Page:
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PEOPLE -November 2000

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Thursday November 30

  • TENOR OF THE WORLD: "Ben Heppner, a Canadian gentle giant of 44, is that rare bird - and, rarer still, he can not only sing the notes, but sing them with musical sensitivity and intelligence too, as well as making a fair stab at acting them out on stage." The Telegraph (London) 11/30/00
  • FAUX WILDE: A recording, long thought to be the only one of Oscar Wilde, probably isn't. "Experts have analysed the recording using the latest techniques, and have concluded it is likely to be a forgery." BBC 11/30/00

Wednesday November 29

  • THE UNRETIRING ROSTROPOVICH: Since he left the directorship of the National Symphony five years ago, Rostropovich hasn't slowed down. He still gives 100 performances a year, he teaches, and the foundation he started with his wife has provided about $5 million in medicine, food and equipment to children's hospitals and clinics in Russia." Los Angeles Times 11/29/00

Tuesday November 28

  • MACKINTOSH TO QUIT PRODUCING: Superstar musical theatre producer Cameron Mackintosh has announced he won't be producing any more new musicals. "Mackintosh, one of the greatest creative and financial mainstays of musical theatre for three decades, says he is winding down and will in future produce only revivals." Sydney Morning Herald 11/28/00
  • DON'T LEAVE HOME WITHOUT IT: Identification, that is. Luciano Pavarotti tried to check in at a Sheraton Hotel in Padua, Italy, but forgot his ID. The hotel refused to check him in. "Unfortunately, in Italy, we are required by law to ask patrons for proper and valid identification. We did everything we could to help him. We called the police for help - to try to get identification for him." New York Post 11/28/00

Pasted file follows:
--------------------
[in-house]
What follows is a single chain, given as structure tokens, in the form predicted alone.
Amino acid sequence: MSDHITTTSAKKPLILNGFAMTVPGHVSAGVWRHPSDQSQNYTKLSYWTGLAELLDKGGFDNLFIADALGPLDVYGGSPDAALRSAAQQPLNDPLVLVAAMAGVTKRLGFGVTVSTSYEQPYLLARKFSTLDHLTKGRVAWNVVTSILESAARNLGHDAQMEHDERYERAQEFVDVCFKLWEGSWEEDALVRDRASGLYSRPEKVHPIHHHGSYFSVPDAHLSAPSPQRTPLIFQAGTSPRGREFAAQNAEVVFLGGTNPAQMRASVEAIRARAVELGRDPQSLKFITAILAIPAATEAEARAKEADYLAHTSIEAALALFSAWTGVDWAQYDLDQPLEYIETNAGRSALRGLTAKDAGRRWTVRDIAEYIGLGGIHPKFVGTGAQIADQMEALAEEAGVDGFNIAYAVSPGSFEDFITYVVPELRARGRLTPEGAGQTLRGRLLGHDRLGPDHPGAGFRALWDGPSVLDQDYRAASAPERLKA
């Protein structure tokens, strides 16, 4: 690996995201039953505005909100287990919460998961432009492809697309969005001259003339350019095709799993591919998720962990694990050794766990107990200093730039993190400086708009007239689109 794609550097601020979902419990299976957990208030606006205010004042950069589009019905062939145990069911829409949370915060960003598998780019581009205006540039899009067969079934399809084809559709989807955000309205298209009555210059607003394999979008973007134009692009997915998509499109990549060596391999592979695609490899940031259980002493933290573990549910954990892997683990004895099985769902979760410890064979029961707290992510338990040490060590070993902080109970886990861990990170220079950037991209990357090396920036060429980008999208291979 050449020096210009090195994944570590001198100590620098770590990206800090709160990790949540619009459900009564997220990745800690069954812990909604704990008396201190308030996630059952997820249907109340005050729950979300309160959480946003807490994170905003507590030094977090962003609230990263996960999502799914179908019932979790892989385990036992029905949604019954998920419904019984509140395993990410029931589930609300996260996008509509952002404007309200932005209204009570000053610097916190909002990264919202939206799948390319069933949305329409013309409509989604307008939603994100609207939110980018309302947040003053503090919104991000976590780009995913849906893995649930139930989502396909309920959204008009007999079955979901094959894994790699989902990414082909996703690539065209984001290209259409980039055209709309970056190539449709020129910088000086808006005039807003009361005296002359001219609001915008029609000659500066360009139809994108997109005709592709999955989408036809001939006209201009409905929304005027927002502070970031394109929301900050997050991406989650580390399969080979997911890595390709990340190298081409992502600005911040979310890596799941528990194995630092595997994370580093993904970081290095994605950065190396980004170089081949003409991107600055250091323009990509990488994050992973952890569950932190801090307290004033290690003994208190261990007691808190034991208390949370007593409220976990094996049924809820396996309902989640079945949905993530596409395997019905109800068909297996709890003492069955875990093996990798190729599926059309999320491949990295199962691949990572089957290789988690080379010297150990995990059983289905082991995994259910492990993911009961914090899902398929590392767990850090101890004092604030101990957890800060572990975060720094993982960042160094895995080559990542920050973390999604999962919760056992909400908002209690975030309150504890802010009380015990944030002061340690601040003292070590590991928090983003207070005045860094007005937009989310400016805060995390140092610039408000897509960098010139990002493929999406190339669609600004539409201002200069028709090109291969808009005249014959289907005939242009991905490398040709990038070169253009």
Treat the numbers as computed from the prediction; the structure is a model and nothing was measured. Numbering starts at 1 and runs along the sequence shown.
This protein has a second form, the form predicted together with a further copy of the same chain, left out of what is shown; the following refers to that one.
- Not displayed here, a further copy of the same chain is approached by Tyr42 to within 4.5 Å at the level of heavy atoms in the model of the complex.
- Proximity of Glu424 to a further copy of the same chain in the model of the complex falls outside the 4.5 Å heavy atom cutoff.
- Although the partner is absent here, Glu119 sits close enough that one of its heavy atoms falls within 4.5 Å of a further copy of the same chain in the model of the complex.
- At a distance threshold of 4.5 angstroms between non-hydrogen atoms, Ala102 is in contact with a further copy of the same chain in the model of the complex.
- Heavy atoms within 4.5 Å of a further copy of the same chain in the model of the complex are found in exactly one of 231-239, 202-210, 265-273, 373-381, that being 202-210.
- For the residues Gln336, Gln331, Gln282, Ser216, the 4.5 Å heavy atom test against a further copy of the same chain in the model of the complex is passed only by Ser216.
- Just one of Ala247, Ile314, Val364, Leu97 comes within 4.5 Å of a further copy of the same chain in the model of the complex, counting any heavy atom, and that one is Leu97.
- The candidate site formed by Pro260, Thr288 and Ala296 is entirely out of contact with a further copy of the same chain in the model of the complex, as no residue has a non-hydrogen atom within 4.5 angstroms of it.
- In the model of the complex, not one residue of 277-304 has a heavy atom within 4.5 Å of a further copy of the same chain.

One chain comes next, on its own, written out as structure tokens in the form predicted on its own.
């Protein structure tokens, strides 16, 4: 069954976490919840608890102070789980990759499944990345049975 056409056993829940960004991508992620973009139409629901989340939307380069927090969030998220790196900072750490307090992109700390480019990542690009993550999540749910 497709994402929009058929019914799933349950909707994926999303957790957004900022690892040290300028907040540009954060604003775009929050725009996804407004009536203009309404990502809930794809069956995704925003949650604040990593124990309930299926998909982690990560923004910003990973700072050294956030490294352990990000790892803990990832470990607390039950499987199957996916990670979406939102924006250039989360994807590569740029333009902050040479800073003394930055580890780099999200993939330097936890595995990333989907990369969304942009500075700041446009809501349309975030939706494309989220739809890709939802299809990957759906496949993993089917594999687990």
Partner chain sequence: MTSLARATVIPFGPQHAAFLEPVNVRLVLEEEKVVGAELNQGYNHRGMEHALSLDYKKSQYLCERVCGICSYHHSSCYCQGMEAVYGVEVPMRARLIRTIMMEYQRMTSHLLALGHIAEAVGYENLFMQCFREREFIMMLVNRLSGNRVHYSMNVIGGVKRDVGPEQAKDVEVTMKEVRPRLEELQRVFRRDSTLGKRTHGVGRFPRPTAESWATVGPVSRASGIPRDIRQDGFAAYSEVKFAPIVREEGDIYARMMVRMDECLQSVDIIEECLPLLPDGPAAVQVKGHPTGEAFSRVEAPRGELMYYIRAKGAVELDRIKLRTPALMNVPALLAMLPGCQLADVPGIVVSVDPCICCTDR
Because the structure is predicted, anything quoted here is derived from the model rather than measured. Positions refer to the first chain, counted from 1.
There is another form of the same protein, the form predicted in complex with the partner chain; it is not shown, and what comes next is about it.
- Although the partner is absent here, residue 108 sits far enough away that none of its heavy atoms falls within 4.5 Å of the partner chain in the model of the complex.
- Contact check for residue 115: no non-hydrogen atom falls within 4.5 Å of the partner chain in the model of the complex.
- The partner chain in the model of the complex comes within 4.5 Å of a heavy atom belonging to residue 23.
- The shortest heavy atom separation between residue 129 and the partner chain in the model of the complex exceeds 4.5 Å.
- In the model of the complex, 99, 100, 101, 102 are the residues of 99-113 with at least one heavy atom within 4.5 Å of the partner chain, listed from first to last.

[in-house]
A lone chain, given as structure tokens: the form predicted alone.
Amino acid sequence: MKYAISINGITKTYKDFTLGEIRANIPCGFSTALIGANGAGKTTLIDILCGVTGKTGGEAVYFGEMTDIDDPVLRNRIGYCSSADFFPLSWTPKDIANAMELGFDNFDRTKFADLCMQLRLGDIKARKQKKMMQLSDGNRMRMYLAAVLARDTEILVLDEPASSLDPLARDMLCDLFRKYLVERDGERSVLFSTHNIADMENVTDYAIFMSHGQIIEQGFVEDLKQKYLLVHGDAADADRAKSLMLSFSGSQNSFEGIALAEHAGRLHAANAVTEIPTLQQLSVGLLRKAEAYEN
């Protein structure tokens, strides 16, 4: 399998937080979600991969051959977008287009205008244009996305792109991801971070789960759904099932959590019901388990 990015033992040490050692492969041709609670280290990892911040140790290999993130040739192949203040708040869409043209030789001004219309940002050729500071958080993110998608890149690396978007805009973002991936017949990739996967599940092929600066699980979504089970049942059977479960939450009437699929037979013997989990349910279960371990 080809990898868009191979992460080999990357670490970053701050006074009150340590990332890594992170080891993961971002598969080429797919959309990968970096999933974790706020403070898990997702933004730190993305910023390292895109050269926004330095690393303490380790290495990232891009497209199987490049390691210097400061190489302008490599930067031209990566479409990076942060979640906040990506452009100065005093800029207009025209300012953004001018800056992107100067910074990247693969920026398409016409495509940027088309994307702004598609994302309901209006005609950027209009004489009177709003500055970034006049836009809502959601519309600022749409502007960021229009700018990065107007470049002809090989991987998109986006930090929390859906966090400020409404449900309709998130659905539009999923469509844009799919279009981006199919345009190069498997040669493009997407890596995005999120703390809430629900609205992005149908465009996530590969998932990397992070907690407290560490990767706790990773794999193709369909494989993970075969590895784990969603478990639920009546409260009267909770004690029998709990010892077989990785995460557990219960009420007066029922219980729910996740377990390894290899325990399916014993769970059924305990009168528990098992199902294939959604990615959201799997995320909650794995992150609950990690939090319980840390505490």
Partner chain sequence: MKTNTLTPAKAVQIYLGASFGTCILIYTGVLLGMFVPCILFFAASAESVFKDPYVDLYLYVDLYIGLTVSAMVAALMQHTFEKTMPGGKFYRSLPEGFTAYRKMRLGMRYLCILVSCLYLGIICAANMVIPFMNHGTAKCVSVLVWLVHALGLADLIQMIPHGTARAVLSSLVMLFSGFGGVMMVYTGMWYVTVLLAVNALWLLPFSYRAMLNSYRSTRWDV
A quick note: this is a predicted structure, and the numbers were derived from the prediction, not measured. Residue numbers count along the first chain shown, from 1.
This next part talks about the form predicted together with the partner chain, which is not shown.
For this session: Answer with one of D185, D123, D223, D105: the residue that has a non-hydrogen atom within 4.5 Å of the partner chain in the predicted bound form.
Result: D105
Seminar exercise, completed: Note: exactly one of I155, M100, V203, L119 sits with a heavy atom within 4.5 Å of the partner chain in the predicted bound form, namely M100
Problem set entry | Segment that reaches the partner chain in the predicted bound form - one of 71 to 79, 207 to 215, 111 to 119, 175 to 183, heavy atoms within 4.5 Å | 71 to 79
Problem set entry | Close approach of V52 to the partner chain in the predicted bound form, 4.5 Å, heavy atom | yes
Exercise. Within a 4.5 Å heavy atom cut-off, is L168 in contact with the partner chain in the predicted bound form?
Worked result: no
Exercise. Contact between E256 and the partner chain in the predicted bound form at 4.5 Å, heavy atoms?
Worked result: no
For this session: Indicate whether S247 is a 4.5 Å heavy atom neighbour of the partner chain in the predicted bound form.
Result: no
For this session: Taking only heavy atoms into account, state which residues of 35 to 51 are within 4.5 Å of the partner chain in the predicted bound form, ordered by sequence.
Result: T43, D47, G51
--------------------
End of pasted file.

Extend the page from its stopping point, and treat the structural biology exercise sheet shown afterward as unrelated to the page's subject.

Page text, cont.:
Sunday November 26

  • REM KOOLHAAS: "His architecture is bracing and unsettling and even though nothing he has done yet has had the same popular impact as Frank Gehry's Guggenheim, he is clearly going to be the next big thing." The Observer (London) 11/26/00
  • STILL STANDING: Arthur Miller is about to open another play on Broadway. And he's about to turn 85. "Over the years, the critics have been all over the lot when it comes to judging Miller's work. But in 1984, the critics and the public began re-examining Miller. And most of them liked what they found. So when he accepted the Tony for 'Death of a Salesman' last year, it wasn't without a sense of well-earned, well-honed, irony - a sense that he's been one of the victims in 'The Crucible' who finally got the chance to put his torturers on trial." Boston Globe 11/26/00

Friday November 24

  • DEATH BY DIFFERENT INFECTION: "For decades, it has been widely assumed that Oscar Wilde died from syphilis, acquired as an Oxford undergraduate, although this notion has been questioned over the years. Research published today by two medical experts, in the run-up to the 100th anniversary of Wilde's death, says a chronic ear infection that spread to his brain was responsible for the death." Glasgow Herald 11/24/00